Fans of Superchick have followed the Chicago-based rock outfit through a virtual roller coaster of emotional highs and lows for over a decade now. Alas, as with every good thing, Superchick has reached the end of the road--or this road, anyway. Numerous twists and turns have occurred in the last year or so that have left the band at a crossroads. With the untimely death of drummer Chase Lovelace earlier this year, the band was left with the unfortunate conclusion that it was time to call it quits. As a result, what might have been a full studio album became five new tracks added onto the more nostalgic greatest hits collection, Recollection.
The album opens with the five new studio tracks. Unfortunately, the new songs are a mixed bag. The first song at least opens with some energy, but overall, is a bit too poppy even for Superchick. The sound is funky, which is nice, but largely showcases the efforts of Max Hsu, Superchick's resident DJ/Programmer. It is the first of a few songs with really subdued performances from one of the industry's finest performers, guitarist Dave Ghazarian. The robust guitar lines that are normally characteristic of Superchick are much more under the surface in these new recordings. In fact, none of the new songs feature much guitar at all. The next track, "Hope," is more successful at fitting into the Superchick canon. The track sounds like something from their 2006 album Beauty From Pain, specifically "We Live" or "Pure," which are both included on this collection. The message is uplifting and is an encouraging addition in light of the band's recent history. The third new track is an upbeat tune called "Sunshine." While the song is another uplifting offering, the main hook ("Every day is Christmas when every day is Thanksgiving.") is a bit of a hokey metaphor. The song is full of lyrics like this that are slightly too corny and ultimately just sound beneath Superchick's lyrical ability. Like the songs before it, there is a distinct lack of rock and roll on this track.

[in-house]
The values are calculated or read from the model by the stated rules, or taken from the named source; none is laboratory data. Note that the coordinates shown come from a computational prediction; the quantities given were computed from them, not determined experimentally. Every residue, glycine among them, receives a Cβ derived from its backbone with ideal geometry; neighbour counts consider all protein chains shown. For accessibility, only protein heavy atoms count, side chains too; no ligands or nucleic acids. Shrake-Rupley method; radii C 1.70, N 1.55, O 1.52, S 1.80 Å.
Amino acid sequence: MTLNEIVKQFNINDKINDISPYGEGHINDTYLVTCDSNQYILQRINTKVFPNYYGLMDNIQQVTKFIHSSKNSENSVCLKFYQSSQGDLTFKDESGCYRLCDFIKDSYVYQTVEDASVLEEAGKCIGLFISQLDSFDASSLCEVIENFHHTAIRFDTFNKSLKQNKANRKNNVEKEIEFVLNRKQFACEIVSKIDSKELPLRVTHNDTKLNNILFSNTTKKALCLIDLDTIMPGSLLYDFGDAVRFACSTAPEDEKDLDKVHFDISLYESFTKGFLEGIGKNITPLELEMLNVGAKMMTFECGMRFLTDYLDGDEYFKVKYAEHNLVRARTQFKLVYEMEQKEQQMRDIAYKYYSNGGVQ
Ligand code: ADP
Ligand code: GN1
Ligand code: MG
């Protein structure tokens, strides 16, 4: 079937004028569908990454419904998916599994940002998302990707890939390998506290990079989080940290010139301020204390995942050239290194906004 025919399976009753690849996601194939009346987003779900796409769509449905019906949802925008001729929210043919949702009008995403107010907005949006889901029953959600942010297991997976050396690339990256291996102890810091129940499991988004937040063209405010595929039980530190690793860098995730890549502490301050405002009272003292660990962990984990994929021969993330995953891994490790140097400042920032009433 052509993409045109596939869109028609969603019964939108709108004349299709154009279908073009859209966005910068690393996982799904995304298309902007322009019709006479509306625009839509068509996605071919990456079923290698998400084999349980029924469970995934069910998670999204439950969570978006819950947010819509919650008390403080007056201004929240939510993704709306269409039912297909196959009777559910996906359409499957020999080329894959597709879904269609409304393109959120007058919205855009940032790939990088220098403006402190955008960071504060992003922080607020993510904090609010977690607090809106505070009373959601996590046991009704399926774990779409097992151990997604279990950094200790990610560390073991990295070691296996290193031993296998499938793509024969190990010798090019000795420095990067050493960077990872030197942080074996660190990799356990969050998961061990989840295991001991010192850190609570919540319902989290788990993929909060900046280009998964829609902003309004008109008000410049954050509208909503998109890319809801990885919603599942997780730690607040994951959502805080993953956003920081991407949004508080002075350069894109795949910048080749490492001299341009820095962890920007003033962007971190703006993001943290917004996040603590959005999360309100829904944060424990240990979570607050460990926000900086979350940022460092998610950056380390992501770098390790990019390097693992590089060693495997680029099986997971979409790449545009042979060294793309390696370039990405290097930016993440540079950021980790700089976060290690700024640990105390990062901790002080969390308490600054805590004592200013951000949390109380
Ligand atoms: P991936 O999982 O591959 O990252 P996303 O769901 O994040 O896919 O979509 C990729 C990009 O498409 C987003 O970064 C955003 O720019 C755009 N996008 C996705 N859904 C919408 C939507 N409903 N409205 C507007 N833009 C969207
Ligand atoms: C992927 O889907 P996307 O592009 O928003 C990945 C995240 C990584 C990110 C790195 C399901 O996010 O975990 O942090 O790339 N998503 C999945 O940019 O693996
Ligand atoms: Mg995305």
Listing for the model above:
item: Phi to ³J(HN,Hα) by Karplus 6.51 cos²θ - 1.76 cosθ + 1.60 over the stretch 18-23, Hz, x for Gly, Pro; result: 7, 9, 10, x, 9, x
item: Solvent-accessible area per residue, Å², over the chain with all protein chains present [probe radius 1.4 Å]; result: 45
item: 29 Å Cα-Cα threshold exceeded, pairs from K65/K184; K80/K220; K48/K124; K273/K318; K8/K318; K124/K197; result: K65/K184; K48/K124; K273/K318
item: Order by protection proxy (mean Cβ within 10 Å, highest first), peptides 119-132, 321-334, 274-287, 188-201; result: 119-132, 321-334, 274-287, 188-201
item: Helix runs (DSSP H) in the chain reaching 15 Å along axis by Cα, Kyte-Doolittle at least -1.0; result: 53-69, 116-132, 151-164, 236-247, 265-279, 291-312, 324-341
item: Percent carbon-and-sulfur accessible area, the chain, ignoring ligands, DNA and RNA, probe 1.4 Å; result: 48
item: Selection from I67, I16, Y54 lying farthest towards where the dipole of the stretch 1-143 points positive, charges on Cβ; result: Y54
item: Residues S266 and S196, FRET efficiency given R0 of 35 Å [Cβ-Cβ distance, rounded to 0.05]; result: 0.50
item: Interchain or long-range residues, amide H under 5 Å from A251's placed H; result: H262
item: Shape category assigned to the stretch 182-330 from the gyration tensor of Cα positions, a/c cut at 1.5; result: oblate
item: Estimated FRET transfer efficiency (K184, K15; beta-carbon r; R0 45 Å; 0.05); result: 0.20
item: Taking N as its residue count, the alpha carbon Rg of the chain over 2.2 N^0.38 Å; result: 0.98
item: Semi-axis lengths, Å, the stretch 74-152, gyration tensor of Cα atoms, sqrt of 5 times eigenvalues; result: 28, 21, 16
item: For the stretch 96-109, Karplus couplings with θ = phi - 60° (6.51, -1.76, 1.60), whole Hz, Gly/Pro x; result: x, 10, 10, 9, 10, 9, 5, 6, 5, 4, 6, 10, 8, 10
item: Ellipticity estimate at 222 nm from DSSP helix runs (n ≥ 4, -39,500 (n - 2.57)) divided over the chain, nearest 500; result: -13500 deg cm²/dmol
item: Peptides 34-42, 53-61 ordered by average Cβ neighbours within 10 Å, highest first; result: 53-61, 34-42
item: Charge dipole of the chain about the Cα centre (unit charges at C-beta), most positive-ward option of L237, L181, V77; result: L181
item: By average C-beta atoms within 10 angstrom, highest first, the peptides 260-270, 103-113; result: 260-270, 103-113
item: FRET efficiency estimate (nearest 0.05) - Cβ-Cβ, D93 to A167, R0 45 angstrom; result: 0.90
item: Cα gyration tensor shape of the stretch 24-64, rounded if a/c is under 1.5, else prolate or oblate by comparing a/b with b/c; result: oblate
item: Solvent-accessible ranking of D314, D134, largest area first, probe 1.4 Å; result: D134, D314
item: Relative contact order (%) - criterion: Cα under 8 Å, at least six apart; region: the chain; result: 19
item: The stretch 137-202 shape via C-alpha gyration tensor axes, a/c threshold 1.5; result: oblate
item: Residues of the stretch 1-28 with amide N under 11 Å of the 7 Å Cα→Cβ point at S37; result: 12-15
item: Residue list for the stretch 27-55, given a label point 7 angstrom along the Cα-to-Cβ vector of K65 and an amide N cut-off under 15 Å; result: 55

The first really solid new tune is "5 Minutes at a Time," which really works as a summative look at the band as they go their separate ways after all this time. The song provides a fresh perspective on the idea of living life in the present and enduring hardships in stride. The band has obviously experienced this firsthand on several occasions in their career, so the song really succeeds as a heartfelt anthem layered over soft piano and smooth electronic effects. The last new tune, "This is the Time," is along the same lines, but maybe a bit too similar. The encouragement to "step out, your life is waiting" is a good sentiment, but this kind of seems like a theme recycled not only from mainstream pop, but frequently from Superchick's previous work. It's not a bad tune, it just seems like we've heard this song before.
The "greatest hits" portion of the record begins with selections from Superchick's most recent album, Reinvention, which are remixes of popular songs from their 2008 album Rock What You Got. The choice to include so many remixes on this collection is a bit odd, even though the name of the album follows the pattern of their previous remix albums, Regeneration and Reinvention. Though I found myself missing the powerful guitar solo and gang vocals breakdown from the original, the "Rock What You Got (Fight Underdog Fight! Mix)" is a large improvement everywhere else. The guitars are even heavier in this version and the song just rocks more. The transformation in the remix of the empowering song "Cross the Line" is less profound. This is a good inclusion, but the choice to include a remix is puzzling since it isn't much different from the original. "Hey Hey" follows, the original version this time, and provides some backbone to the collection. Though Superchick usually does good work on remixes, it's nice to hear the perhaps more familiar version of some of these songs.